Aspect ratios

When NOT to fill the frame (for film photographers).

When I first wanted to take good pictures I was researching how to make the most of your travel photography for my upcoming honeymoon in Italy. One of the first pieces of advice I read was to “fill the frame!” This was echoed over several articles and it seemed important enough that it really stuck with me even to this day.

For some photographers the frame is sacred. I know film photographers that only print the full frame. That’s cool and I like (and admittedly at times love) their work but I had gotten myself into trouble on occasion following this advice.

Wether or not filling the frame is right for you depends on two things, the aspect ratio of the film when you take the shot and the aspect ratio of the intended print.

I had gotten myself into trouble filling the frame when I shot 35mm and tried to print some of the shots 8×10. Full frame 35mm is actually 8×12 so I had to decide which two inches on the long side I could live without or pay extra for my lab to cut down a sheet of 11×14 paper.

Two common formats I shoot are 35mm and 6×6. Neither of these map to 8×10 without serious cropping. Here’s a diagram of what you need to consider using these formats and printing 8×10:

Aspect ratios
Cropping considerations when shooting 35mm or 6×6 and printing 8×10.
There are formats like 6×4.5, 6×7, and somewhat obviously 4×5 that need little to no cropping to print 8×10. While we’re on the topic 16×20 is the same aspect ratio as 8×10.

The photographers I know that only print full frame have to scale the image down to fit on the paper. They do this by masking the paper with a 4 blade easel during printing. The problem that I’ve found when doing this is that pre-cut mats tend to look somewhat off when using this technique. The only real solution is to custom cut mats. If you’re not the one cutting the custom mats, it can be an order of magnitude more expensive than pre-cut.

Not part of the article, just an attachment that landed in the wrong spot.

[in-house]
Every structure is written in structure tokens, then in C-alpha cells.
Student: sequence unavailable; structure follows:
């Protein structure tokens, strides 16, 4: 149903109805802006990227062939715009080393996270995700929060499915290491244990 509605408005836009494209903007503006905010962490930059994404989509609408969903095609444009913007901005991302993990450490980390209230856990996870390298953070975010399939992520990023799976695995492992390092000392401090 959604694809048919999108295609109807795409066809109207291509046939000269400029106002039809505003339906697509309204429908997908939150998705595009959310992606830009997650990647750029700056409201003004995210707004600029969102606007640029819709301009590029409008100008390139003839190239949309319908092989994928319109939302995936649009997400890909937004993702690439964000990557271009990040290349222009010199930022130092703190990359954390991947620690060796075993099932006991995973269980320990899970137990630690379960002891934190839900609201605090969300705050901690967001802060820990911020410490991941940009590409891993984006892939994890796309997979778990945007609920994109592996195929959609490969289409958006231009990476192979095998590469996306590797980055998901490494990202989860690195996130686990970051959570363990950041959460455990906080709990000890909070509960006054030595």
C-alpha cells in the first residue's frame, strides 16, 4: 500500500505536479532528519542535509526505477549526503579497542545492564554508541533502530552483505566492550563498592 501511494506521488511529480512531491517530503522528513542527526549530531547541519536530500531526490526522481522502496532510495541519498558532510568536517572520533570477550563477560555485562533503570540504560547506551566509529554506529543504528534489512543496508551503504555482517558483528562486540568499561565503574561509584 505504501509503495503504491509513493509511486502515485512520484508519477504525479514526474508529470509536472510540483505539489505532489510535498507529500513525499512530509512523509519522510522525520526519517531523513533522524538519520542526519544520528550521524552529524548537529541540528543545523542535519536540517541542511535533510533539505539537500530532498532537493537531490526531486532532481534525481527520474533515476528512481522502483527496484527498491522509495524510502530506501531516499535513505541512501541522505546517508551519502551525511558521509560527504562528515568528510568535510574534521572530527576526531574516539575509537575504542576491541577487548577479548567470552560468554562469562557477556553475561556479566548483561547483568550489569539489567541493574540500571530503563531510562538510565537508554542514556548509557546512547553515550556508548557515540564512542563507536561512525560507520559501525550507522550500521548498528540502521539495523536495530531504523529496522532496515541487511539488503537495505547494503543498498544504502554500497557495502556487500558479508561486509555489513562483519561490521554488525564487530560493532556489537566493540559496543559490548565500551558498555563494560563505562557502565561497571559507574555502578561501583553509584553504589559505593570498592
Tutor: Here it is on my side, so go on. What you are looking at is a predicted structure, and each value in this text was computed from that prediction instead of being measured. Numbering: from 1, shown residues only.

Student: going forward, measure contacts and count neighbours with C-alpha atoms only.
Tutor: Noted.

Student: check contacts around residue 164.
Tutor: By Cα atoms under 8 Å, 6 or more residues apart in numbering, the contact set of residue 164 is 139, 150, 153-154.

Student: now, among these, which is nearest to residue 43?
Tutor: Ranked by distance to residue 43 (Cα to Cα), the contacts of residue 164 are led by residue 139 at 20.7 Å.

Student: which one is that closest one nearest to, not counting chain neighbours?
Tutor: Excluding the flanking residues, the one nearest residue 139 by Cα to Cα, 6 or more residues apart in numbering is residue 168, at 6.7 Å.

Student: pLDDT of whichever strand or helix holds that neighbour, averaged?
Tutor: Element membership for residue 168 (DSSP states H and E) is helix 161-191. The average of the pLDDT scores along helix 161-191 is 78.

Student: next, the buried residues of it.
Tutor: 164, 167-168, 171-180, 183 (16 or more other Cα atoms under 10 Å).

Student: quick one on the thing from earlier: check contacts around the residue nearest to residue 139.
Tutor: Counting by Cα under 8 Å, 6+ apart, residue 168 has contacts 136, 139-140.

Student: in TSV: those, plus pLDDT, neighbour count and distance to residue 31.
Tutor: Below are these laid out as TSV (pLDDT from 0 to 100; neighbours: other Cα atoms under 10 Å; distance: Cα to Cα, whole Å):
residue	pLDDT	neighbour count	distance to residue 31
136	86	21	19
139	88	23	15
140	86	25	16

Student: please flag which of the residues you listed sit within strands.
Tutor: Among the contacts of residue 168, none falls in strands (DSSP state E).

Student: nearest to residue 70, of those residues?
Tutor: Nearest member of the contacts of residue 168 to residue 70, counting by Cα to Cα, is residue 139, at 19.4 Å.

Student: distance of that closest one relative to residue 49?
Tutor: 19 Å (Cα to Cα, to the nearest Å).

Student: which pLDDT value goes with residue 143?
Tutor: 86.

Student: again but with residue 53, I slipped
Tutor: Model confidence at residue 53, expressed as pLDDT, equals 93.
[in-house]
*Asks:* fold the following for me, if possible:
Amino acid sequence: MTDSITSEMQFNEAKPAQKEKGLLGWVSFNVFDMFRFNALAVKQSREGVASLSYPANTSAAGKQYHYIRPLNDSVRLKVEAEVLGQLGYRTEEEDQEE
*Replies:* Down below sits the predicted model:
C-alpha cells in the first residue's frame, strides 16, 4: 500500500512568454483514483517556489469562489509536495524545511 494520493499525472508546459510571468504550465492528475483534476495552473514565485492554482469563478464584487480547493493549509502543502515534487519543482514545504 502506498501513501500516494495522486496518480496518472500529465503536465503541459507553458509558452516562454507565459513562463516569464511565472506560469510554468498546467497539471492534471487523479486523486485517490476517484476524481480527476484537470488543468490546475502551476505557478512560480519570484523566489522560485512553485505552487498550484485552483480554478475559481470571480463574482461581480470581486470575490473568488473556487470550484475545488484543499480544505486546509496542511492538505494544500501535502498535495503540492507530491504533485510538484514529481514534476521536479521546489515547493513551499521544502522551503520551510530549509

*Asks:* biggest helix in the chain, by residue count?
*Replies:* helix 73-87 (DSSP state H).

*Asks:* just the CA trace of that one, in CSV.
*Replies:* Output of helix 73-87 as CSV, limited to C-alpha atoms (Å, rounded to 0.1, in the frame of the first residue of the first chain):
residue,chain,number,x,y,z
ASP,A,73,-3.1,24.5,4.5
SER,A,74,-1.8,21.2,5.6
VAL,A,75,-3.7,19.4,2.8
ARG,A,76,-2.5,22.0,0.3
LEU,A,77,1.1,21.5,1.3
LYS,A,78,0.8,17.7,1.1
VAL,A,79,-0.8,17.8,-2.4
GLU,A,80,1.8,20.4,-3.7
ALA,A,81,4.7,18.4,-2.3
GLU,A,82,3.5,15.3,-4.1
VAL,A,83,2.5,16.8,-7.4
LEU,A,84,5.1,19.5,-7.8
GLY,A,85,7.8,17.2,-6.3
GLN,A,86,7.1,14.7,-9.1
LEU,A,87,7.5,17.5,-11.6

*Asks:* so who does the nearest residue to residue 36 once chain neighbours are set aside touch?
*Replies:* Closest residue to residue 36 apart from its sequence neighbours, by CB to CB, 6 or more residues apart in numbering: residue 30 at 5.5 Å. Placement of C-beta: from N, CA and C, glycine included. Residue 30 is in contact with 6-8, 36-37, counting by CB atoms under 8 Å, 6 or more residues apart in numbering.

Here’s my 4 blade easel. They tend to be more expensive than 2 blade, boarder less, or speed easels but they’re more flexible as well. With that flexibility come some complexity and without instructions it took me a while to figure out how to use this one. 


Here’s what scaling a 6×6 image down to fit entirely on an 8×10 sheet (with a border) looks like. With this shot I could not find an 8×10 crop I liked. When taking the shot I “framed myself into a corner” when it came time to print it. When scaling images some choose to fill as much of the paper as possible while others may scale the image down further for visual effect. It all depends on the vision of the artist and the feelings they seek to illicit.

Full frame 6x6 picture of the barber room of an abandoned prison.
Full frame 6×6 picture of the barber room of an abandoned prison.

Neither approach is right or wrong, just if you’re looking to sell prints it’s a good idea to mat them and using pre-cut mats keeps the price down. It’s also more efficient to use readily available paper. Of course now you’re letting economics dictate aspects (no pun intended) of your work. There’s also the opportunity cost associated with the time or money. If you spend either on custom mats, cutting paper, etc, you’re not spending that on more photographs. It’s all up to you and what you prioritize.

No matter which path you choose the intended output of an image should be a consideration when framing a photo. It will dictate whether the frame needs to be filled or if you need to leave some breathing room, and where that space should be.